He was thinking of finishing the eyes of Ultraman by fitting transparent plastic parts in the eyes to secure the visibility for Satoshi (Bin) Furuya inside.

But due to the shortage of time, he had to just drill holes under the eyes.


Mr. Furuya says in his memoir (“A Man Who Became Ultraman”) that Mr. Narita looked angry at that time.

After a while, it’s likely Mr. Narita told Mr. Furuya how much unwillingness he felt when he had to give the drill holes to the eyes of Ultraman.

Regarding the A Type head, you can see the eye holes become bigger to increase the visibility as the shooting progressed.

Head variations of Ultraseven

Much is known about the head variations of the costume of Ultraman.

Actually, there are also variations with regard to the head of Ultraseven’s costume though the differences are so subtle to be noticeable.

In the case of Seven, it’s not that the different types of the head were sculpted like Ultraman.


Though they were made from the same mold, they show slight differences in the details.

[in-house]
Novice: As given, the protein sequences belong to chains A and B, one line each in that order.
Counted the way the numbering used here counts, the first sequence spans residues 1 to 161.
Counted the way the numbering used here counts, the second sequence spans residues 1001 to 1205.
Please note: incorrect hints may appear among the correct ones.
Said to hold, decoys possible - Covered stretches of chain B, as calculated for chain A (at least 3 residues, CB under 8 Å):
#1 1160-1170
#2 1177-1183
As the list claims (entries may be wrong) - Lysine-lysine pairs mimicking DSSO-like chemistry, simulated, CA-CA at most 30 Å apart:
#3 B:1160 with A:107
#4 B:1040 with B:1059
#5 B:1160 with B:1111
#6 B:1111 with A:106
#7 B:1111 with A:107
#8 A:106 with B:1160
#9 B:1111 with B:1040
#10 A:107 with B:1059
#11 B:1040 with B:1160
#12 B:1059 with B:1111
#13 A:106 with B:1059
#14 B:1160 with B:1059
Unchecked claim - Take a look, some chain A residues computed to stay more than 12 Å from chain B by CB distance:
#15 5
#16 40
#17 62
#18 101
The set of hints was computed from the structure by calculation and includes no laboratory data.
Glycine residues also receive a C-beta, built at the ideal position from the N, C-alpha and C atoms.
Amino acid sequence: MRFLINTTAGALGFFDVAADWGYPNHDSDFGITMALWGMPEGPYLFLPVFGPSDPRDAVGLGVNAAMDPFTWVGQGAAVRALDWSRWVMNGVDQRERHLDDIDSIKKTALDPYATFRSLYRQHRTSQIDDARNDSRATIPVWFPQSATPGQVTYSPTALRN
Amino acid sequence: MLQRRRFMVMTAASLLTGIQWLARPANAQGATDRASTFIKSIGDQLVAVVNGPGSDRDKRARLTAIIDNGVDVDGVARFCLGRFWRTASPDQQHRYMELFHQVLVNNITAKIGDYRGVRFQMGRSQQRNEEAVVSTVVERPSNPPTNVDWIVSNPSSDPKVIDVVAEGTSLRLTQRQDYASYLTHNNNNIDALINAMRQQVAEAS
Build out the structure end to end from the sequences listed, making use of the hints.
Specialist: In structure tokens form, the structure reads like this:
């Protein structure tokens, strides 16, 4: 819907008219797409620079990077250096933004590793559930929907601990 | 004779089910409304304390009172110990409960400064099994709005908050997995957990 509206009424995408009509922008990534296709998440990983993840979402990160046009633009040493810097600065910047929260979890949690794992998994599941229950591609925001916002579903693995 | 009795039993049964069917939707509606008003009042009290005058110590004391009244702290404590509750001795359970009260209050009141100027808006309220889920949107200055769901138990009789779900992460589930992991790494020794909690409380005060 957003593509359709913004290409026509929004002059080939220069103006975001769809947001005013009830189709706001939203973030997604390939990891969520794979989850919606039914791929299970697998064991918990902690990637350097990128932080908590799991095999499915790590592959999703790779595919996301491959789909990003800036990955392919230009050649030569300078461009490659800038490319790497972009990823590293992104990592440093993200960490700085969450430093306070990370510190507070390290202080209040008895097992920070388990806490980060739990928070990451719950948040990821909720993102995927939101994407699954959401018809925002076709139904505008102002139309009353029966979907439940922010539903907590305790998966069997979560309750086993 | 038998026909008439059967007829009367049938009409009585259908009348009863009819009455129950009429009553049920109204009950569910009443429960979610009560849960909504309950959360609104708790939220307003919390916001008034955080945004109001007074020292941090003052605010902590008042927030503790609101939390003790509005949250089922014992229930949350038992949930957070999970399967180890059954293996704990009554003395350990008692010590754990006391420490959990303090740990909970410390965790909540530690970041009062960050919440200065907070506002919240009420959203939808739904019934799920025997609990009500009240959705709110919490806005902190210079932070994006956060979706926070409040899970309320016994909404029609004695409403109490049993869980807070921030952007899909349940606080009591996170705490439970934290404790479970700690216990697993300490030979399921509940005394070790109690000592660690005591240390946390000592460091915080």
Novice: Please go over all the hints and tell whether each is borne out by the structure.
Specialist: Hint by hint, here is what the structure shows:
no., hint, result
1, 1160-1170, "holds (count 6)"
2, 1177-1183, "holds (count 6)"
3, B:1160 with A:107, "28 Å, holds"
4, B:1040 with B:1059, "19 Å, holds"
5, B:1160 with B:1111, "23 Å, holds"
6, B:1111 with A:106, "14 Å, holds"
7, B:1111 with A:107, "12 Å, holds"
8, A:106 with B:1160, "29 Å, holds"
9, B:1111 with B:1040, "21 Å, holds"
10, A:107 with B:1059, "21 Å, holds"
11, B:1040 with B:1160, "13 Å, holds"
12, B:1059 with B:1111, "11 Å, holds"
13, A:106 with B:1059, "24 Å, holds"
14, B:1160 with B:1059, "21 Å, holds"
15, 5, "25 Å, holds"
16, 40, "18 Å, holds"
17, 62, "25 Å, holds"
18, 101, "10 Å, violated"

The cover photos in “Ultraseven Pictorial” show some of the head variations of Ultraseven, which is very much interesting.

The variations of Seven’s head seem to be classified as A Type – D Type among fans. (The photos above are NOT meant to show each one of those.)


I can’t tell which is which accurately, but there seems to be differences in the shape of the heat-pressed eyes (conspicuous in the shape of the eye holes) and of the mouth.

The earliest head (far left) has a slit around the mouth and jaw, and the eye shapes also look slightly different.

The first two of the above from left should be the same head with the slit partly puttied.

The eyes characteristically have horizontal shadows that go across the center of the whole eyes.

Magma Taishi and B Type mask

B Type Ultraman is so beautiful!

In Episode 10 “The Mysterious Dinosaur Base,” there was a plot to have Ultraman pull out a tree and blow off the leaves with a puff of air to express his sympathy for Jirass he defeated so that the leaves fluttering down softly covered the body of Jirass.

It’s very much interesting to learn Ultraman could have been depicted to blow a breath.